NAR Leaders Break Down the CARES Act

On April 8, the National Association of REALTORS® broke down the CARES Act during a Leadership Live Event to help independent contractors and small business owners. Here are some highlights from the Small Business Program portion of that video.

NAR Sr. Policy Representative Erin Stackley: I’m going to be talking, as Shannon (McGahn) said, about two new SBA programs that were created by the CARES Act.

The first is the Paycheck Protection Program or PPP and the second is the Economic Injury Disaster Loan advance grant or EIDL. Both of these are intended to help businesses impacted by COVID-19 and eligible businesses are those with 500 or fewer employees, sole proprietors, independent contractors and the self-employed.

NAR has an FAQ available covering both of these programs on our Coronavirus page under the Advocacy tab which is being updated regularly and contains relevant links to applications and SBA and Treasury guidance.

Paycheck Protection Program

Let’s talk about the Paycheck Protection Program. These loans are administered directly by SBA lenders. So, fill out your application and go through your SBA lender for these. The loan amounts are 250 percent of the average monthly payroll expenses for a business for the previous year, or the average monthly income for independent contractors — and that’s capped at $10,000,000.

The loan should be used over an eight-week period and must be used for one of the eligible uses in the program.

We learned late last week from the SBA that when calculating average monthly payroll costs, businesses should not include pay to independent contractors. As independent contractors are able to apply for these loans for themselves.

The application process opened last Friday, April 3 for small businesses and sole proprietors, and opens this Friday, April 10 for independent contractors and the self-employed.

If the program’s requirements are met, then these PPP loans are 100 percent forgivable; they essentially become a grant from the SBA. Those requirements are that the:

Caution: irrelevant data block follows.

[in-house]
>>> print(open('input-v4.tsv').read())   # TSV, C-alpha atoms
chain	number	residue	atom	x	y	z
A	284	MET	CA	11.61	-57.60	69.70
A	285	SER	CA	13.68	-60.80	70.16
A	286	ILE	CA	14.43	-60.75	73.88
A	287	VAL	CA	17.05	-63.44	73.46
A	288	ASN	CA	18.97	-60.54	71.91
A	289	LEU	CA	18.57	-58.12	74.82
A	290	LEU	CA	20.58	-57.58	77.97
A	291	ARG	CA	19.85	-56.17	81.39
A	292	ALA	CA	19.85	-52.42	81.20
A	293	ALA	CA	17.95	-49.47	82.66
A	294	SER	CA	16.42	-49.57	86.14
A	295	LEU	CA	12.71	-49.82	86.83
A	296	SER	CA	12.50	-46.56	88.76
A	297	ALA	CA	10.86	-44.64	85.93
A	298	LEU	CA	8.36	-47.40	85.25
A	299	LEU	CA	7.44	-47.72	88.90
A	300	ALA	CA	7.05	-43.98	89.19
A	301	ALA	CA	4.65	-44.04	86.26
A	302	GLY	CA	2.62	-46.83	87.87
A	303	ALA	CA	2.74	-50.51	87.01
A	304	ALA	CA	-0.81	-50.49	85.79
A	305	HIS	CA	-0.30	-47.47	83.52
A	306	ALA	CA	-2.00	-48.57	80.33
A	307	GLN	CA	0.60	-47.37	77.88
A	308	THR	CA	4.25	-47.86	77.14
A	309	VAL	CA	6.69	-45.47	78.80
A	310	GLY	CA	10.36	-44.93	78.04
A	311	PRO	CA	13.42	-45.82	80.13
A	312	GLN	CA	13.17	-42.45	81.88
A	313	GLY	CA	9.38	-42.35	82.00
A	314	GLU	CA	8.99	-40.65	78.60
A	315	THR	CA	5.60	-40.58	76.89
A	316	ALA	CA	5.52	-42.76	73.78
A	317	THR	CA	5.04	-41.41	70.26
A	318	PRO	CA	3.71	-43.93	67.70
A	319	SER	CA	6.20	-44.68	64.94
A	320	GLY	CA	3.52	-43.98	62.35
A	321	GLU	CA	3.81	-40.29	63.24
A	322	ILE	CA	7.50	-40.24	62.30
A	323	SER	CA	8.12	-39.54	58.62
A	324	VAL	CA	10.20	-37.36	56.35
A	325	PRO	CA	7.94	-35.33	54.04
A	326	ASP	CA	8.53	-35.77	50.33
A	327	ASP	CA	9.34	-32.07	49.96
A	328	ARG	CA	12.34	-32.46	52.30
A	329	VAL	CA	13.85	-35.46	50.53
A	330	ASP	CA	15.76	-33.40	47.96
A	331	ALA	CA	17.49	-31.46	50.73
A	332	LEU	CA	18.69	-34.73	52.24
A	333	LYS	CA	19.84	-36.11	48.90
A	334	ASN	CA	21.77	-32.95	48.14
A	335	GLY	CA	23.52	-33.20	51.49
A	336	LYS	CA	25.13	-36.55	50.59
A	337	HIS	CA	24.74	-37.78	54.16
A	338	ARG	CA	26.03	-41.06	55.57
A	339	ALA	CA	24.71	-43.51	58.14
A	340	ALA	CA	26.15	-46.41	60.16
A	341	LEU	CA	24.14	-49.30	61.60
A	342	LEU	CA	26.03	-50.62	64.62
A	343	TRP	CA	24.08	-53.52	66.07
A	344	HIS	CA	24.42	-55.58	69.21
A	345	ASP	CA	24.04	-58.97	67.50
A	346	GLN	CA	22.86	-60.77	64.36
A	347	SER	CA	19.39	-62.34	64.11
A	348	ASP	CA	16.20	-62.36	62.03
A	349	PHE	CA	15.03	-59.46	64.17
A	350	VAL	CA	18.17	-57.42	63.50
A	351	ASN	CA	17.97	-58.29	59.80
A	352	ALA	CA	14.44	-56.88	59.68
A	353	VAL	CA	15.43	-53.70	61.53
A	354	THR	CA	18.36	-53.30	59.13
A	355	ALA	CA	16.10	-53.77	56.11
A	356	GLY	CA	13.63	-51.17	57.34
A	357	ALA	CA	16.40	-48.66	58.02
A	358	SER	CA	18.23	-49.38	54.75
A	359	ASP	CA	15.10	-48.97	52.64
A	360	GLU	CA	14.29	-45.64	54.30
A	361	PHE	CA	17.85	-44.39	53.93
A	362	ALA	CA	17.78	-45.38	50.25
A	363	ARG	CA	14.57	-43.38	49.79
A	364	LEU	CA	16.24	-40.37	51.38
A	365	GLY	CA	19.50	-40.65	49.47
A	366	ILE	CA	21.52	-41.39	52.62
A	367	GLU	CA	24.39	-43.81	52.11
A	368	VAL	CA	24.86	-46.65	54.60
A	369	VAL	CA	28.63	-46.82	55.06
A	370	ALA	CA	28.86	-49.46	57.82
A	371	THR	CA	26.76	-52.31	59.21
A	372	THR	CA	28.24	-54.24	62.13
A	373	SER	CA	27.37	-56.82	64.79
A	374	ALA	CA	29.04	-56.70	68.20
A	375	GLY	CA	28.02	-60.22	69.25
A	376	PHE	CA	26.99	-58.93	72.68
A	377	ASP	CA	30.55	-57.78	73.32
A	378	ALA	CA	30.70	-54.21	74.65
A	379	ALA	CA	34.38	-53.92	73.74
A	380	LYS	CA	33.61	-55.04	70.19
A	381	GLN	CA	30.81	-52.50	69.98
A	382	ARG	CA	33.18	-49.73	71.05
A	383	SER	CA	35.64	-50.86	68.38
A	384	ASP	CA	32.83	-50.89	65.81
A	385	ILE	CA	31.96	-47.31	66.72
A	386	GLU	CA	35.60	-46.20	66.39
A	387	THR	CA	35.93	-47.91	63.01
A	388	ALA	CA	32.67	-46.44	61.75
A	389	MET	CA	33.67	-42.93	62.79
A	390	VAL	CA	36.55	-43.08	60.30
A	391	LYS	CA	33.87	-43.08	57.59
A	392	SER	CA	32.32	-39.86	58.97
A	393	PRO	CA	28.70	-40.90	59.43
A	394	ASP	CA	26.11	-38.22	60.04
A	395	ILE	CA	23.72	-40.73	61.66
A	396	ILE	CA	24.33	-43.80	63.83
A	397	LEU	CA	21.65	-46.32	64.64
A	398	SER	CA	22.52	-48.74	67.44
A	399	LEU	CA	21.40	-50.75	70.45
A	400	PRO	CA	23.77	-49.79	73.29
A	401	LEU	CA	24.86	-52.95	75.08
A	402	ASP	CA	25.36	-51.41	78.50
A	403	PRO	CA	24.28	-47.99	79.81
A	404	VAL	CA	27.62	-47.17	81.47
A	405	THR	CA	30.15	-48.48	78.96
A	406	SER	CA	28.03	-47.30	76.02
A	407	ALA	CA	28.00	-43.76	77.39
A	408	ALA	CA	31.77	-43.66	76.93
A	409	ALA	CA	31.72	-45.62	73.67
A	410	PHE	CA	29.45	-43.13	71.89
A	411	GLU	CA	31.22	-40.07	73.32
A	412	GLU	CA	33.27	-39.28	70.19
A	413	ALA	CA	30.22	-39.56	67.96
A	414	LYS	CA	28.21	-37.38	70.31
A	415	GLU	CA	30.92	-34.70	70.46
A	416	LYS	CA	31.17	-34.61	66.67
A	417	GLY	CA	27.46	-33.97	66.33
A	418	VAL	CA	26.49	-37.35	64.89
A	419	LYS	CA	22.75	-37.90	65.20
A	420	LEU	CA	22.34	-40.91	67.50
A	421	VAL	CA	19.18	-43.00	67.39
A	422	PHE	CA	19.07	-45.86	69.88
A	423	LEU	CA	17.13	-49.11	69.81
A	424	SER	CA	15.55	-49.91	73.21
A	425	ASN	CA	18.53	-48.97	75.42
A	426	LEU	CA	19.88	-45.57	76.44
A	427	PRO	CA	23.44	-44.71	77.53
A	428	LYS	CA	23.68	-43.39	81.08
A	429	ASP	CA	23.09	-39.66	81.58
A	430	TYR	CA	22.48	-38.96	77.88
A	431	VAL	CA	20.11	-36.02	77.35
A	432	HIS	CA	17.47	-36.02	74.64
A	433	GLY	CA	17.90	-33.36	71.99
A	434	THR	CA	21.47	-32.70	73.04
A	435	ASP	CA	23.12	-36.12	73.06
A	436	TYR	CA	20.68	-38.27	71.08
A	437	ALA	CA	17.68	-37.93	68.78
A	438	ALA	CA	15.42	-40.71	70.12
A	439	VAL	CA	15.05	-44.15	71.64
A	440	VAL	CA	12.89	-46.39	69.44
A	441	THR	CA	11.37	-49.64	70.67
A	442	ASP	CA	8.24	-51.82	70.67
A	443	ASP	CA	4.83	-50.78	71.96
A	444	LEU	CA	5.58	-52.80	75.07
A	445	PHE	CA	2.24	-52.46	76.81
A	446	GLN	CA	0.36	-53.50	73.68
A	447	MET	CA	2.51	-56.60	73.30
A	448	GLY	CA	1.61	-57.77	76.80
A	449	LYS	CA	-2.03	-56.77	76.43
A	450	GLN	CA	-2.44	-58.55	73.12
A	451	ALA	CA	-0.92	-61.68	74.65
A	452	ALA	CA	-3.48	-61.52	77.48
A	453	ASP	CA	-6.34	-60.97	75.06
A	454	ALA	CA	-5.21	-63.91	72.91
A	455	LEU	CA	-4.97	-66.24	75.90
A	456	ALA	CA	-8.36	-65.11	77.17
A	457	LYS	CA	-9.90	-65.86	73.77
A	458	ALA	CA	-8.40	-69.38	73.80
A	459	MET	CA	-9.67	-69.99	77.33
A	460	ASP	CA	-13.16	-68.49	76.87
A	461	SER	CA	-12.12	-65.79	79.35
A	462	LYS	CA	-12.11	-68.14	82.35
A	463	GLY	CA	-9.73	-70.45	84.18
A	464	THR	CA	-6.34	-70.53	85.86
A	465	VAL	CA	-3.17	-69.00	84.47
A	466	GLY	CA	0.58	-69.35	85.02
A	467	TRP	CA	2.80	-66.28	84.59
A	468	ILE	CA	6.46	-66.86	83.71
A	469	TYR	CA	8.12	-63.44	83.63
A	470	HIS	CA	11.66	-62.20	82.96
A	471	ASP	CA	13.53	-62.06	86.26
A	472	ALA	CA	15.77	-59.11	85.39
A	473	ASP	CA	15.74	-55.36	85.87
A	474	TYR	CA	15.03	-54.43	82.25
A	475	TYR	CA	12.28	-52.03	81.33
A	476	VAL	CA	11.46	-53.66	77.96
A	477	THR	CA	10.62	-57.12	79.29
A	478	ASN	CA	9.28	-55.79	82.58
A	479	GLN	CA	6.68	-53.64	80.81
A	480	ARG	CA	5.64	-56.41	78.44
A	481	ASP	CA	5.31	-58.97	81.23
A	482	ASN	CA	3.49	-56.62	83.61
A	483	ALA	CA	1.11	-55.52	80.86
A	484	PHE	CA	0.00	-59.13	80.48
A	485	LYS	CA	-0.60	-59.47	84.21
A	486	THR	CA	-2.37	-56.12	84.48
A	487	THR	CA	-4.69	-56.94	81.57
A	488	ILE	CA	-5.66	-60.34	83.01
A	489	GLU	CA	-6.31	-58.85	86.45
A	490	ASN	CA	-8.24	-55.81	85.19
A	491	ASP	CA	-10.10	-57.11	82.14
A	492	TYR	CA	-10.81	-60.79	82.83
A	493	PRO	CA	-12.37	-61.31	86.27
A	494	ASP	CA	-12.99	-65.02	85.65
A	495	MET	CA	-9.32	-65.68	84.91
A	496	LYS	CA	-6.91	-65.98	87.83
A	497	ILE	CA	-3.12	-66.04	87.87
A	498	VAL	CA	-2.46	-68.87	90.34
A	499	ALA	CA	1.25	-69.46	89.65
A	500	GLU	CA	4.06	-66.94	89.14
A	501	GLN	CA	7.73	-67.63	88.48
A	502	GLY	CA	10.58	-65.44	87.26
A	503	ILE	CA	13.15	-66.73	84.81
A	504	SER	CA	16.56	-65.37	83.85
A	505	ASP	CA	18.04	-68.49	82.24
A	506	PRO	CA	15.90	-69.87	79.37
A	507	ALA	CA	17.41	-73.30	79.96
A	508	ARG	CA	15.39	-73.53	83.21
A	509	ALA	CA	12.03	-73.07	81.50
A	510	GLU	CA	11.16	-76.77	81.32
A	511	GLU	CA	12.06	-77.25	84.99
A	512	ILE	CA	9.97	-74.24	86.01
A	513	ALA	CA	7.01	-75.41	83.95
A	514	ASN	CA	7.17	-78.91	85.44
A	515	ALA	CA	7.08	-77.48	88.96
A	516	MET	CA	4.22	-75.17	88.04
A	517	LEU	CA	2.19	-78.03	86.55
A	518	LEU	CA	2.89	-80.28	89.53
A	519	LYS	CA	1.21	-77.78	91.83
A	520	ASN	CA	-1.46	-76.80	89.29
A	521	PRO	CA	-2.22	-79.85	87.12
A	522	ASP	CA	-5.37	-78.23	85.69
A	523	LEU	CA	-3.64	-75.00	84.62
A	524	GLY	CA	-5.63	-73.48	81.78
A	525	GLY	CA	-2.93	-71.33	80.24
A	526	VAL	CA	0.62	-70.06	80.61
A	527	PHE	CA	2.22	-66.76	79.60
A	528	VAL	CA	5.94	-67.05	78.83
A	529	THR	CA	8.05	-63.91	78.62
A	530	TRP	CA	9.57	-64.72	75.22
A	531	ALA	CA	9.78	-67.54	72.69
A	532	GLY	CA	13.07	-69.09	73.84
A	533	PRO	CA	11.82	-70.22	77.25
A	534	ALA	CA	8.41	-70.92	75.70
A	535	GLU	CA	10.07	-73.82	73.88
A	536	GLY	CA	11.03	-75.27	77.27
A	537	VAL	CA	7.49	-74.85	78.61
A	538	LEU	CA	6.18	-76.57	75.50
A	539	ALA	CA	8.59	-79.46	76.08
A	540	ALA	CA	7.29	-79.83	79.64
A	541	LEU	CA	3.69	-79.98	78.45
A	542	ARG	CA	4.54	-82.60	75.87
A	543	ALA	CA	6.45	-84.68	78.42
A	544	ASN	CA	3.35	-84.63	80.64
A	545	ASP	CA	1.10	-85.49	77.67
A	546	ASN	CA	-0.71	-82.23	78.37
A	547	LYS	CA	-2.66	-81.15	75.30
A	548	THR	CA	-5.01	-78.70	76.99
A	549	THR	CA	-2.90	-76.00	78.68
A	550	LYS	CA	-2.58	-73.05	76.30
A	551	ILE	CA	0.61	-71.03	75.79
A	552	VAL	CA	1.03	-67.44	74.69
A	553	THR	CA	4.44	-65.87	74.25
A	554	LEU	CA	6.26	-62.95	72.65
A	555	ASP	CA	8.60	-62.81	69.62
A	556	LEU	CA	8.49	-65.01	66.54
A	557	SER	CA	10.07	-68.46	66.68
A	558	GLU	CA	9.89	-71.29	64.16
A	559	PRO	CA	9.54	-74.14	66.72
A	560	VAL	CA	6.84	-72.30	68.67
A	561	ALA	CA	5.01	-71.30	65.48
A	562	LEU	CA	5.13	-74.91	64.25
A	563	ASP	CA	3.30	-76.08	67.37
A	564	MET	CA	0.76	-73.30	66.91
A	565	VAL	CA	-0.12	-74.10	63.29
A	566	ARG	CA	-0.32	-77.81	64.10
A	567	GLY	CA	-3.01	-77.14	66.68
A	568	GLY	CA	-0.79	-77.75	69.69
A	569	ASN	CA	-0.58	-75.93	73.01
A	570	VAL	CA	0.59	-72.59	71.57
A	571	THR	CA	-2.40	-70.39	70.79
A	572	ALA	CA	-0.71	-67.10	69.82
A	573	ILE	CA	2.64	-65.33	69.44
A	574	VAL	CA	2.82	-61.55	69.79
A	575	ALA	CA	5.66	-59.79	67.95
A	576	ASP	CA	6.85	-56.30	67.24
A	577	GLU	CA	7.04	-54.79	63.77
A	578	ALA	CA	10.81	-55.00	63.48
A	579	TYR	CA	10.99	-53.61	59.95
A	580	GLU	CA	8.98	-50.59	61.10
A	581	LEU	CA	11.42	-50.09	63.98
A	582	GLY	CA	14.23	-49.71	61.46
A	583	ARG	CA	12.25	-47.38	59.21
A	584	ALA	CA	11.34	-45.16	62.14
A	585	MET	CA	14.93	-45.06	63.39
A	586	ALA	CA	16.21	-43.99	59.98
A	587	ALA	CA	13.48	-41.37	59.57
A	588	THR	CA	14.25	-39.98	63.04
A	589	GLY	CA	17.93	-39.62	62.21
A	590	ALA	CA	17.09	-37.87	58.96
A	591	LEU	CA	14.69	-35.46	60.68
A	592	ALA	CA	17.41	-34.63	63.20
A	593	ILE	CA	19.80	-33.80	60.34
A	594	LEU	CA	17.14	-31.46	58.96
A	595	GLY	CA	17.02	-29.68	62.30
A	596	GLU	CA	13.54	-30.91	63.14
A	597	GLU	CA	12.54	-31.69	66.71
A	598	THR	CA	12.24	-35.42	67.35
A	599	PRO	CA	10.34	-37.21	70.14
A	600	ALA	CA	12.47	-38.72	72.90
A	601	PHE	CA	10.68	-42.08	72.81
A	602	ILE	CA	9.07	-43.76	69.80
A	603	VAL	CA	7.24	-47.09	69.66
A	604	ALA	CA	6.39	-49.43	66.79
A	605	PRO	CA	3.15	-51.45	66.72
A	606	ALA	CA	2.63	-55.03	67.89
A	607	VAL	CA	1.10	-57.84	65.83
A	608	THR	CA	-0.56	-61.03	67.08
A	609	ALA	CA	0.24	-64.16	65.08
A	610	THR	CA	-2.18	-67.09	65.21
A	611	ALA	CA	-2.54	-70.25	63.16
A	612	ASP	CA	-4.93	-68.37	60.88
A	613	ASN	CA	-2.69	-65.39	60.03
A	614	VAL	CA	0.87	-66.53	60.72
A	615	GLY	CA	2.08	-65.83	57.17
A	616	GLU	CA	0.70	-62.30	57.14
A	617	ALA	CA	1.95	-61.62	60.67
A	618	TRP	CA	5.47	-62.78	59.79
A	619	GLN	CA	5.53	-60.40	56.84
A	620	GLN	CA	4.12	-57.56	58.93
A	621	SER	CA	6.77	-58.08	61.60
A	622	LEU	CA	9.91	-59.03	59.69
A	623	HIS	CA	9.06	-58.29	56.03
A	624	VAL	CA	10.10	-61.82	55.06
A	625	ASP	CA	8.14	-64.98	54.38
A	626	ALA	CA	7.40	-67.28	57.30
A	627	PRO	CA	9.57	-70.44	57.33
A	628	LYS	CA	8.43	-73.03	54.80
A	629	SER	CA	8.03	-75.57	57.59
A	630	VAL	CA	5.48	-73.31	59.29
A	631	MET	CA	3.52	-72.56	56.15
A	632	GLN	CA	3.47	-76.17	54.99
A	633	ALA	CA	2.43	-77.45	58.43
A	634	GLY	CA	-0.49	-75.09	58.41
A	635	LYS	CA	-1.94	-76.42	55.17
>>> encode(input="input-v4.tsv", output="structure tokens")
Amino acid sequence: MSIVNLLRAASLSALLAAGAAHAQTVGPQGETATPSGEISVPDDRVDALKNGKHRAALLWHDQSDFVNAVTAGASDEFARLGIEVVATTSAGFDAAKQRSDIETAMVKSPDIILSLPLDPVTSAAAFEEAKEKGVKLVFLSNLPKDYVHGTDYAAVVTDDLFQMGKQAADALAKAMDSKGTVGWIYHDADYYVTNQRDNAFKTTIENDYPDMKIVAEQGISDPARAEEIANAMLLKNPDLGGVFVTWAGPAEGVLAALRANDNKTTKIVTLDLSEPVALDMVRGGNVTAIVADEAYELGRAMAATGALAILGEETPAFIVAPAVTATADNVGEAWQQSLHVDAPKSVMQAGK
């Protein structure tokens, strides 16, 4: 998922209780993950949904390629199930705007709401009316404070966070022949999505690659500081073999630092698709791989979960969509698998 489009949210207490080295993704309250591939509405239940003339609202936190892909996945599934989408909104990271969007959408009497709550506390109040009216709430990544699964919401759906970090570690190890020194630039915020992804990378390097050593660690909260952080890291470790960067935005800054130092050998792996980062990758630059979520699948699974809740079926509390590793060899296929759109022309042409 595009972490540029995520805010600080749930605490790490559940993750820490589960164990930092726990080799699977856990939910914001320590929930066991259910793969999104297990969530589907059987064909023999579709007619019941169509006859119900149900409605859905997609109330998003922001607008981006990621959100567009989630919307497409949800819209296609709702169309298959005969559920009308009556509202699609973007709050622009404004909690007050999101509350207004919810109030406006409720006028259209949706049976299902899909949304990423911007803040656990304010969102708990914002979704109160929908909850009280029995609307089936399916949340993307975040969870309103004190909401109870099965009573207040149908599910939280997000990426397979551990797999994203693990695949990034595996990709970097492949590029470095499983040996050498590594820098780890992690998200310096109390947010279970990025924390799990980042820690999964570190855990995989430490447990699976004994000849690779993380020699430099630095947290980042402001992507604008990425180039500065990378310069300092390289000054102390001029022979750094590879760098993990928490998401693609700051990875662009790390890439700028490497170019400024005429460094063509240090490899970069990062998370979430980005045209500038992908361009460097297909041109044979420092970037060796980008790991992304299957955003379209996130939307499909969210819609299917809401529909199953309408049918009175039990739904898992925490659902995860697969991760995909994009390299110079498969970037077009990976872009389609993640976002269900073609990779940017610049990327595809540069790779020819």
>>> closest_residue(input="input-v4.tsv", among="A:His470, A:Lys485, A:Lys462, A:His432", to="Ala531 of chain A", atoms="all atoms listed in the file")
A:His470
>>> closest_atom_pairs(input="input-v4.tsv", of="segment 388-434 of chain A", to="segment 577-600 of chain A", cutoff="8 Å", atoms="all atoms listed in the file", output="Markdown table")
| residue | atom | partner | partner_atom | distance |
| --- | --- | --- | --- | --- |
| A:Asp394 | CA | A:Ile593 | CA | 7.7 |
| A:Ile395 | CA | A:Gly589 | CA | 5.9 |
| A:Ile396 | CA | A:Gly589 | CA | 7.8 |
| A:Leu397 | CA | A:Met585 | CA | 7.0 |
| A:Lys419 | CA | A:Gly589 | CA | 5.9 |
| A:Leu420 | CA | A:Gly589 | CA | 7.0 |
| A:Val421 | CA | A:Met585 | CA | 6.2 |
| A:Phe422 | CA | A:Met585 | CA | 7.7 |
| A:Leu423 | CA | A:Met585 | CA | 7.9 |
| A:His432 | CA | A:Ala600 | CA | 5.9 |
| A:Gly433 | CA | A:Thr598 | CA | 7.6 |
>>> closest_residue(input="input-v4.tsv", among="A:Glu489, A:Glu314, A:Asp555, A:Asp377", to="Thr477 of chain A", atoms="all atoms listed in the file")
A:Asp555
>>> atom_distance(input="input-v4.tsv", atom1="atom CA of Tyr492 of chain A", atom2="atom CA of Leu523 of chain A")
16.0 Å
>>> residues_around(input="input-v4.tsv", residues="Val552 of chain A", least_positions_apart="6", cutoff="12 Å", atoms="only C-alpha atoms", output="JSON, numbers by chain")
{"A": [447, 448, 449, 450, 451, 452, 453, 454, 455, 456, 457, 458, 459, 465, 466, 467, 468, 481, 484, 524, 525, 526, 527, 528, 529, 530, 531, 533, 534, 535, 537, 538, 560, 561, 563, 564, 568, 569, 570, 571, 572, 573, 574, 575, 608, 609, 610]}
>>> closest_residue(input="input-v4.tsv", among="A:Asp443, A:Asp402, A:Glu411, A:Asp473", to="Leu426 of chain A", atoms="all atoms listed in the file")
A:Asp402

• Business uses at least 75 percent of the loan amount toward maintaining payroll costs;
  • Number of employees stays the same as pre-COVID; and
  • Total loan amount go towards eligible uses which are payroll expenses, mortgage interest, rent and utilities.

Again, if all those requirements are met, these loans are 100 percent forgivable. However, if an (employer) can’t spend 75 percent of the loan toward payroll costs or if they have to let some of their employees go, the forgivable amount phases out.

Economic Injury Disaster Loan

I’m going to talk now about the Economic Injury Disaster Loans or EIDL advance grants.

Economic Injury Disaster Loans were an existing program within the SBA already. Unlike the PPP loans, these are administered directly through the SBA. So, you apply for them through an application on the SBA website. These loans are available for up to $2,000,000 and are meant to cover working capital needs.

The CARES Act created a $10,000 advance grant within the EIDL program which deploys to borrowers more quickly than the full EIDL they applied for. The $10,000 advance is forgivable if used for one of the eligible uses — payroll expenses, mortgage or rent payment, utilities and other debt obligations that can’t be met due to the crisis.

The SBA has an updated, streamlined EIDL application available on its website now which includes the request for the advance grant.

Businesses can apply for both a PPP and an EIDL loan but if they receive them both, they should be careful with their accounting and their record keeping because they each must be used for separate purposes.

If you get forgiveness under the PPP loan program and you’ve also received the $10,000 EIDL grant, the EIDL grant amount is subtracted from the PPP forgiveness amount.

Again, NAR has an FAQ on both of these programs available on our Coronavirus page which includes links to the different applications, where to find an SBA lender, as well as resources from the Treasury and FBI. It’s updated regularly as we get new information. We encourage REALTORS® to look at that regularly.

For those of you who work with small businesses as clients, consider sharing it with them to be a resource for them as they navigate these difficult times. Thank you. (14:48-19:16)